Strangely, enough, this problem is the old chestnut, the problem of other minds, resurrected as a serious problem now that cognitive science has begun to analyze the human mind into its functional components. This comes out most graphically in the famous split-brain cases. There is nothing very problematic in granting that the people who have undergone severing of the corpus callosum have two somewhat independent minds, one associated with the dominant brain hemisphere, and another associated with the non-dominant brain hemisphere. This is not problematic, for we have grown used to thinking of a person’s mind as an organization of communicating subminds. Here the lines of communication have simply been cut, revealing the independent character of each part particularly vividly. But what remains problematic is whether both subminds “have an inner life.” One view is that there is no reason to grant consciousness to the non-dominant hemisphere, since all that has been shown is that that hemisphere, like many unconscious cognitive subsystems, can process a lot of information and intelligently control some behaviour. But then we may ask what reason there is to grant consciousness to the dominant hemisphere, or even to the whole, intact system in a normal person. We had thought this question frivolous and not worth discussing, but this avenue forces us to take it seriously again. If on the other hand we grant full “inner life” consciousness to the non-dominant hemisphere (or more properly to the newly discovered person whose brain is the non-dominant hemisphere), what will be said about all the other information-processing subsystems posited by current theory? Is the Freudian crutch to be taken away again at the expense of populating our heads, quite literally, with hosts of subjects of experience?
Consider, for example, the striking discovery by the psycholinguists James Lackner and Merril Garrett of what might be called an unconscious channel of sentence comprehension. In dichotic listening tests, subjects listen through earphones to two different channels and are instructed to attend to just one channel. Typically they can paraphrase or report with accuracy what they have heard through the attended channel but usually they can say little about what was going on concomitantly in the unattended channel. Thus, if the unattended channel carries a spoken sentence, the subjects typically can report they heard a voice, or even a male or female voice. Perhaps they even have a conviction about whether the voice was speaking in their native tongue, but they cannot report what was said. In Lackney and Garrett’s experiments subjects heard ambiguous sentences in the attended channel, such as “He put out the lantern to signal the attack.” Simultaneously, in the unattended channel one group of subjects received a sentence that suggested the interpretation of the sentence in the attended channel (e.g. “He extinguished the lantern), while another group had a neutral or irrelevant sentence as input. The former group could not report what was presented through the unattended channel, but they favoured the suggested reading of the ambiguous sentences significantly more than the control group did. The influence of the unattended channel on the interpretation of the attended signal is processed all the way to a semantic level – that is, the unattended signal is comprehended – but this is apparently unconscious sentence comprehension! Or should we say it is evidence of the presence in the subject of at least two different and only partially communicating consciousnesses? If we ask the subjects what it was like to comprehend the unattended cannel, they will reply, sincerely, that it was not like anything to them – they were quite unaware of that sentence. But perhaps, as is often suggested about the split brain patients, there is in effect someone else to whom our question ought to be addressed – the subject who consciously comprehended the sentence and relayed a hint of its meaning to the subject who answers our questions.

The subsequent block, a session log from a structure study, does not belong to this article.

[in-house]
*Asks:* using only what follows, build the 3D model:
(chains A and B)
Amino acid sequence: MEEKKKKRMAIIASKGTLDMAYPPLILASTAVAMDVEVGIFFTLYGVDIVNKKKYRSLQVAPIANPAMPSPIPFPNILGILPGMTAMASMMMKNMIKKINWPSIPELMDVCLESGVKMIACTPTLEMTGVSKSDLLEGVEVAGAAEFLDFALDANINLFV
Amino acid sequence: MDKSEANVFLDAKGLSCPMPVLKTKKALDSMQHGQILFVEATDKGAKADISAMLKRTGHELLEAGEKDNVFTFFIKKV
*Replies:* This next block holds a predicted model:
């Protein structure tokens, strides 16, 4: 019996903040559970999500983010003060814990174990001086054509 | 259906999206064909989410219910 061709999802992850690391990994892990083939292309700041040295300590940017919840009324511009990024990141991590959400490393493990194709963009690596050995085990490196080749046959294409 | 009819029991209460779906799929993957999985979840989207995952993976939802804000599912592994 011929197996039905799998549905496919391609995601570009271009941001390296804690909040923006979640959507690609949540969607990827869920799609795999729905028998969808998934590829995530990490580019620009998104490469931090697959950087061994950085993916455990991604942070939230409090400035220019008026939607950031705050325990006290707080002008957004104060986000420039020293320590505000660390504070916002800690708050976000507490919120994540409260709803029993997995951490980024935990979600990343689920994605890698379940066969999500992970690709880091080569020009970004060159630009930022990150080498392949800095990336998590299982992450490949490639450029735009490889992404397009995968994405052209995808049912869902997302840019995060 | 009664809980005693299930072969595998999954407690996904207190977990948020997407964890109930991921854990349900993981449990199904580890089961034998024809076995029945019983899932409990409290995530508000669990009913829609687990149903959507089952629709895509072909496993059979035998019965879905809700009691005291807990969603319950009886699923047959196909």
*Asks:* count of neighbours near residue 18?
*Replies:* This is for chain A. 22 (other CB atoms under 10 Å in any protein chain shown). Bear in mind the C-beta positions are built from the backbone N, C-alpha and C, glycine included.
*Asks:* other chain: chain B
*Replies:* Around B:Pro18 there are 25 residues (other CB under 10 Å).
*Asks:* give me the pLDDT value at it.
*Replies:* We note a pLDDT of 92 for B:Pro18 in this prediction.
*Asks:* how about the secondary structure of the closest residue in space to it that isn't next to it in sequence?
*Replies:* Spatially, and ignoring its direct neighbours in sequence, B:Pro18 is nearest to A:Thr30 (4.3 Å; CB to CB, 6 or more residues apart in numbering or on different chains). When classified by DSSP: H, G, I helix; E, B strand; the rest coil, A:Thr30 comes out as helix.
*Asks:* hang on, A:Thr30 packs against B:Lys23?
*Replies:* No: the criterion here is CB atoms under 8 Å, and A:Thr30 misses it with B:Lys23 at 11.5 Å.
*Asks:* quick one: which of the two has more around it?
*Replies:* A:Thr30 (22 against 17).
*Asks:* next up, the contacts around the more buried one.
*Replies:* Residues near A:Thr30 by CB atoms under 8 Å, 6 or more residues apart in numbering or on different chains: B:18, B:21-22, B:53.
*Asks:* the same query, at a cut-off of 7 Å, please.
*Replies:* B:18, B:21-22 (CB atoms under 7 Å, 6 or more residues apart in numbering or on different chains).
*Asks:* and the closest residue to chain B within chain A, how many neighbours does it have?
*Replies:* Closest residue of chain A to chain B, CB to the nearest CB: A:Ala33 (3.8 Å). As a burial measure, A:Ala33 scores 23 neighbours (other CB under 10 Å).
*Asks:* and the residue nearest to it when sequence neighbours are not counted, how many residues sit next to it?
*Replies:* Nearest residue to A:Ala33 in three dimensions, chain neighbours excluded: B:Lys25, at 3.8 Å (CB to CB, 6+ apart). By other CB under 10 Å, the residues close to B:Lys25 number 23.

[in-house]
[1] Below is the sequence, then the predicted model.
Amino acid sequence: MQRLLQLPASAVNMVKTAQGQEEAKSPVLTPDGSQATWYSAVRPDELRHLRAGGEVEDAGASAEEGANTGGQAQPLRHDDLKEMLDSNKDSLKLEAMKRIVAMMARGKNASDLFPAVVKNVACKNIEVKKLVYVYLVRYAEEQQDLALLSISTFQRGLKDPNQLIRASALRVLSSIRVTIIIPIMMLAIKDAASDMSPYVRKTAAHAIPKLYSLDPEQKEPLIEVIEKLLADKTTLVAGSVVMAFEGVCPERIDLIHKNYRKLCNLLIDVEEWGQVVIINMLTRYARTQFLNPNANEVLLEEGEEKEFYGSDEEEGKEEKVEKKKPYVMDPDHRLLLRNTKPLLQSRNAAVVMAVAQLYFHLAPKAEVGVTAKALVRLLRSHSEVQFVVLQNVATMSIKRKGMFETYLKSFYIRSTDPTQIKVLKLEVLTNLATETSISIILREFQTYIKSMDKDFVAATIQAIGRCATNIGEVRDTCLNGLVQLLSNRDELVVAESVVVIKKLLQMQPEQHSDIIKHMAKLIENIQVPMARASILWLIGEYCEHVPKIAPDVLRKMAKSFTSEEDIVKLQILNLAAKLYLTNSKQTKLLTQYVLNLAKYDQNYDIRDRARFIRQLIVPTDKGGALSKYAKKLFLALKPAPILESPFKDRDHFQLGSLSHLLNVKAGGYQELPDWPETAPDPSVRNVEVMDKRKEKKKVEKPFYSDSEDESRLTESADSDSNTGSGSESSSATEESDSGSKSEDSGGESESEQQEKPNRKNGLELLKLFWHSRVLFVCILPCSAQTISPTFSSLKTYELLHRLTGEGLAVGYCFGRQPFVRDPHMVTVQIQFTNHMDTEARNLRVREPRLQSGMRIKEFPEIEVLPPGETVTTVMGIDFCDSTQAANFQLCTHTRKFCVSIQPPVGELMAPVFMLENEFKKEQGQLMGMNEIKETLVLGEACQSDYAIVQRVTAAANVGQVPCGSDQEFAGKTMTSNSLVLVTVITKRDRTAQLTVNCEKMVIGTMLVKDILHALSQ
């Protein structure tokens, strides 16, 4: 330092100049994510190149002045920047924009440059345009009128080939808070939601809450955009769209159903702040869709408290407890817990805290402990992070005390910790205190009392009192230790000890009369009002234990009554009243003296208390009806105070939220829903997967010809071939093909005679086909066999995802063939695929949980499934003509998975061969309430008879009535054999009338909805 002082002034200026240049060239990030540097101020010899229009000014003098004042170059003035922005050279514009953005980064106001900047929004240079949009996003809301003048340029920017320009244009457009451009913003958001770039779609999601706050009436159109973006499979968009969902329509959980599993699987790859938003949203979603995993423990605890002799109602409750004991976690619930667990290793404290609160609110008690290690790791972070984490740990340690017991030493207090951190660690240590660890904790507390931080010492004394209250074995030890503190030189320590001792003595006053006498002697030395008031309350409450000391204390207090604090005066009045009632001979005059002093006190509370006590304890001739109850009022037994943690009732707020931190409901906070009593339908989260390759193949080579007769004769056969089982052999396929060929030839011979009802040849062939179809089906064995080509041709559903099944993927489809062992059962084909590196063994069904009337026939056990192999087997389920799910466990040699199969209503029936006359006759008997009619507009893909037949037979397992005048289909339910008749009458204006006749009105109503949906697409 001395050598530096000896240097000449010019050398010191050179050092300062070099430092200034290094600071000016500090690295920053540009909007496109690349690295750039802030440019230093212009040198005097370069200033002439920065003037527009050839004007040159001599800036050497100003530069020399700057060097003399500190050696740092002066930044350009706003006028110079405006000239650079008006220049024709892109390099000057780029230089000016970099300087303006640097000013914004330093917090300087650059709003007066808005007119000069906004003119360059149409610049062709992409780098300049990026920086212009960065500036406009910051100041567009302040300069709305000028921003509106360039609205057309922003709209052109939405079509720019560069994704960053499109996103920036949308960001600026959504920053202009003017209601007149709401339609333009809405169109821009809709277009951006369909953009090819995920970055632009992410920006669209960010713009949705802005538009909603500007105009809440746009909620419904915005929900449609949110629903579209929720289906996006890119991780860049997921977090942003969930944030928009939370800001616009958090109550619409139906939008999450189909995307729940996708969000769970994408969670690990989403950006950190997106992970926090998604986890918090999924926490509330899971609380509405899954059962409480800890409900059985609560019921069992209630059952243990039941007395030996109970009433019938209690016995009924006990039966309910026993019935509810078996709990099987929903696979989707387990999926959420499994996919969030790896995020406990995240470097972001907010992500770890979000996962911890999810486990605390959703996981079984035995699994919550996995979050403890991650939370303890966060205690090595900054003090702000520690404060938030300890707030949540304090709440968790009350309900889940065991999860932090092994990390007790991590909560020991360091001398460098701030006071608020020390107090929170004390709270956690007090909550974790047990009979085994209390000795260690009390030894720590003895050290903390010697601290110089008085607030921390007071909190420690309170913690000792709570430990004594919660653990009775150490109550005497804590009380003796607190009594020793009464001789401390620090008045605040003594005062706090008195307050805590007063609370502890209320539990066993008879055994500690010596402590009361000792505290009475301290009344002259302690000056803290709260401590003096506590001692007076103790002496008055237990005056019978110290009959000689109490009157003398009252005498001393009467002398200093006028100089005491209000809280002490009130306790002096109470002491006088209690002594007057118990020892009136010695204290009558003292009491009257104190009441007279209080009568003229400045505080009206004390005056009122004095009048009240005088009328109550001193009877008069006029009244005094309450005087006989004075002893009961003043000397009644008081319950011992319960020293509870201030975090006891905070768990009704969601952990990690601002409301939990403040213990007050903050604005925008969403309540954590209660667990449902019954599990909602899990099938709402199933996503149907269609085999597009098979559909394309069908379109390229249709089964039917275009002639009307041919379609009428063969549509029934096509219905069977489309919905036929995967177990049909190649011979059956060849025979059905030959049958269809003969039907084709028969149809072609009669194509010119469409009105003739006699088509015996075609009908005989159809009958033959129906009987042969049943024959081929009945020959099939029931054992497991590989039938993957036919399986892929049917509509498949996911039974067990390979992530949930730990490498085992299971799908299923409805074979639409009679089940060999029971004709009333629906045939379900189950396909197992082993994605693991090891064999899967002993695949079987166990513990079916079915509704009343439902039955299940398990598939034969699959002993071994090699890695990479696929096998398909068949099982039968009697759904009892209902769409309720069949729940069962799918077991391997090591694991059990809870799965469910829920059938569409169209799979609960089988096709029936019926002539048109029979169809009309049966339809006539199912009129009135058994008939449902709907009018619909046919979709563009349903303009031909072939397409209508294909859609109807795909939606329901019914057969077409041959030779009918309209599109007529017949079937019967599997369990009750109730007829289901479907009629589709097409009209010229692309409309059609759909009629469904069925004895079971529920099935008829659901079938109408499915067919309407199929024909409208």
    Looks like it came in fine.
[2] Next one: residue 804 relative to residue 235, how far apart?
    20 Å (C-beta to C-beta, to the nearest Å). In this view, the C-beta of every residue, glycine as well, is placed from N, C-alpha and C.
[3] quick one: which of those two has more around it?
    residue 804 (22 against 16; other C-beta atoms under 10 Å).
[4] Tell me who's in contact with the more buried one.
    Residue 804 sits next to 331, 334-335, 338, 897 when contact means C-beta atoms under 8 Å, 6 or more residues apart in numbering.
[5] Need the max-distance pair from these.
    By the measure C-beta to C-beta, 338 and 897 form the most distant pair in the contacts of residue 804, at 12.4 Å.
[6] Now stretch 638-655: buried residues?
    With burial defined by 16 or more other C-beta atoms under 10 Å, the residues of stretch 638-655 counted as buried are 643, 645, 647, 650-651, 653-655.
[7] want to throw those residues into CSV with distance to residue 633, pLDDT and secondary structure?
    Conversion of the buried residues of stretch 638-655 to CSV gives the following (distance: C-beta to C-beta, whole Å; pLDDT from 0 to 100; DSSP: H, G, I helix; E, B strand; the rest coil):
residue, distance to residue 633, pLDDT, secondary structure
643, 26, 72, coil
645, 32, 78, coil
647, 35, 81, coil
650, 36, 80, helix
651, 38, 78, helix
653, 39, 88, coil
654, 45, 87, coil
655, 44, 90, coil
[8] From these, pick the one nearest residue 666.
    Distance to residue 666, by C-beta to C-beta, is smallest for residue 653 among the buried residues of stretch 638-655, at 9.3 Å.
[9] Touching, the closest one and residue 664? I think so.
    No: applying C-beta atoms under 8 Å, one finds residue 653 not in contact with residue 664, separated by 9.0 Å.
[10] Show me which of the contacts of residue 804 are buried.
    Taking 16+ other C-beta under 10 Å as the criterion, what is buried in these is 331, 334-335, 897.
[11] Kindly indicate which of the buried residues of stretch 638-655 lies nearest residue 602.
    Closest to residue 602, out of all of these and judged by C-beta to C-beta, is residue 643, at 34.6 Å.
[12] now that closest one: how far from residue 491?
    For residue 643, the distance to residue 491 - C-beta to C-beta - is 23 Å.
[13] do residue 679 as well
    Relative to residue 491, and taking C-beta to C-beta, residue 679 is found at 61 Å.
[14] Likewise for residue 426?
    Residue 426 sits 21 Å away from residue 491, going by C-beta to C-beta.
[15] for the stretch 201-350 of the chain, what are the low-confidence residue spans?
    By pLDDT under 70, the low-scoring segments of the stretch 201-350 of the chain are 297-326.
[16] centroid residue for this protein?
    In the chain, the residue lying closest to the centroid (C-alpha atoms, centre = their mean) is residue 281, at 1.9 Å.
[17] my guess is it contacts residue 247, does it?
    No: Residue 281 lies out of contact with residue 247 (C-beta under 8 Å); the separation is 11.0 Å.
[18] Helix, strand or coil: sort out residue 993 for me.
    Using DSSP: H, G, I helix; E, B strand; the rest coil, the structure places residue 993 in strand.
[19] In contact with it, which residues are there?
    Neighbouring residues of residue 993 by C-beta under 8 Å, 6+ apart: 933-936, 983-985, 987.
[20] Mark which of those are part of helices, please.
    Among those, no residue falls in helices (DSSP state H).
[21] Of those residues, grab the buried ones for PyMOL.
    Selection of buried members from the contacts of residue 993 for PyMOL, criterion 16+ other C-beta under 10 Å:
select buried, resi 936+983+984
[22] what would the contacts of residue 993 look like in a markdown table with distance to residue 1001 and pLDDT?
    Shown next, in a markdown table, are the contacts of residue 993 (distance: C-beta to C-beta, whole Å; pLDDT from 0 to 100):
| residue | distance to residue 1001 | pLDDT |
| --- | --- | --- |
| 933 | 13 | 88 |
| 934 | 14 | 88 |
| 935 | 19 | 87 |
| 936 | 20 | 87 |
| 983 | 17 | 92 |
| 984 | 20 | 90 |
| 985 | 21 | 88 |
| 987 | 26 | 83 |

Which should we say, and why? We seem to be back to our unanswerable question, which suggests we should find different ways of looking at the situation. A view of consciousness that does justice to the variety of complications will almost certainly demand a revolution in our habits of thought. Breaking bad habits is not that easy. The fantasies and thought experiments collected here are games and exercises designed to help.